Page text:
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Globalization Aids Plaintiffs In Cross-Border Litigation

Soon after Air France Flight 358 crashed at Toronto's Pearson International Airport in August, Mary Sciavo of Motley Rice, the U.S. firm that made its reputation representing plaintiffs in asbestos litigation, showed up in Toronto making a considerable splash on local television with her comments on the airline's liability.

Within three days of the crash, Toronto's Will Barristers had filed suit against Air France in Ontario Superior Court. The Motley Rice Web site has "Motley Rice and co-counsel Will Barristers" as the plaintiffs' lawyers.

Although trading between the U.S. and Canada has been a significant feature of both economies, globalization has forced Canadian companies to move beyond their domestic roots to establish themselves internationally--with a large number expanding to the U.S. As they do so, these companies are becoming targets in American litigation.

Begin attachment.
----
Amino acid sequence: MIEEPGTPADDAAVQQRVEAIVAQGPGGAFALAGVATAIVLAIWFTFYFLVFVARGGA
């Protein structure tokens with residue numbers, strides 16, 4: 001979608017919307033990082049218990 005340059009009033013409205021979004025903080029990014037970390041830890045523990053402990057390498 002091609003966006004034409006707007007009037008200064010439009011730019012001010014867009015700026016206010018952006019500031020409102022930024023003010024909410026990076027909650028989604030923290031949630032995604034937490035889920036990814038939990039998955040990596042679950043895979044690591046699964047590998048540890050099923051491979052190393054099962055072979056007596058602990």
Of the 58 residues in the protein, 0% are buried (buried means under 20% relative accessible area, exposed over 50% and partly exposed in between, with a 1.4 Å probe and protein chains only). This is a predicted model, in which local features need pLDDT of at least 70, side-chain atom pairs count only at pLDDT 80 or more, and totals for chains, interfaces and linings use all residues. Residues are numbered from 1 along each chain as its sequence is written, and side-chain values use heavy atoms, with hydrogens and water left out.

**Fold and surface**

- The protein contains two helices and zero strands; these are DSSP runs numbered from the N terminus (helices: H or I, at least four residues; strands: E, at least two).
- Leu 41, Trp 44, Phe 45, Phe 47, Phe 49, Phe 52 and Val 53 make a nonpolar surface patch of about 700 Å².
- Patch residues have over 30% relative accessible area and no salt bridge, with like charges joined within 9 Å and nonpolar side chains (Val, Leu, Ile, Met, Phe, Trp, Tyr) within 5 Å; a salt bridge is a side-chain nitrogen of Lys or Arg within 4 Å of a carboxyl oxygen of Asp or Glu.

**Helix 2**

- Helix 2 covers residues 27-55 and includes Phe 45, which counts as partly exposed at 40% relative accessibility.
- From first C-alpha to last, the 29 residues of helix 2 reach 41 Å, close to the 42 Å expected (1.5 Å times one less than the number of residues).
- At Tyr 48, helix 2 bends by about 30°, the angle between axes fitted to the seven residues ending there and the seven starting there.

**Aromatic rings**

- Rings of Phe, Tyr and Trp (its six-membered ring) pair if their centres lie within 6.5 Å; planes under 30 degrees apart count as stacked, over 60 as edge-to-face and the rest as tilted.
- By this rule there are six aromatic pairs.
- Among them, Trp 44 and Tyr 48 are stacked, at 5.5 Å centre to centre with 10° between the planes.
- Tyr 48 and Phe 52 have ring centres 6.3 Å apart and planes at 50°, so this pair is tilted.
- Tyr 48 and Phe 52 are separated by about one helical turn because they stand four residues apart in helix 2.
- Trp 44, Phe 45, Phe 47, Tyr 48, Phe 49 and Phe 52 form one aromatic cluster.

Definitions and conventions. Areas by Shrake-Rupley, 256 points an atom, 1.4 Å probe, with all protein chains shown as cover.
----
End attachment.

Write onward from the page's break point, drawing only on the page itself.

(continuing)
"Globalization means that corporations' malfeasance transcend national borders," says Joel Rochon, a name partner at Rochon Genova. "It's time for the plaintiffs' bar to address this."

Attorney in Chicago" for failing to show "proper respect" for Richter, the court's appointee.

As if that wasn't fractious enough, even Hollinger's insurers got caught in the cross-border shenanigans.


Julius Melnitzer

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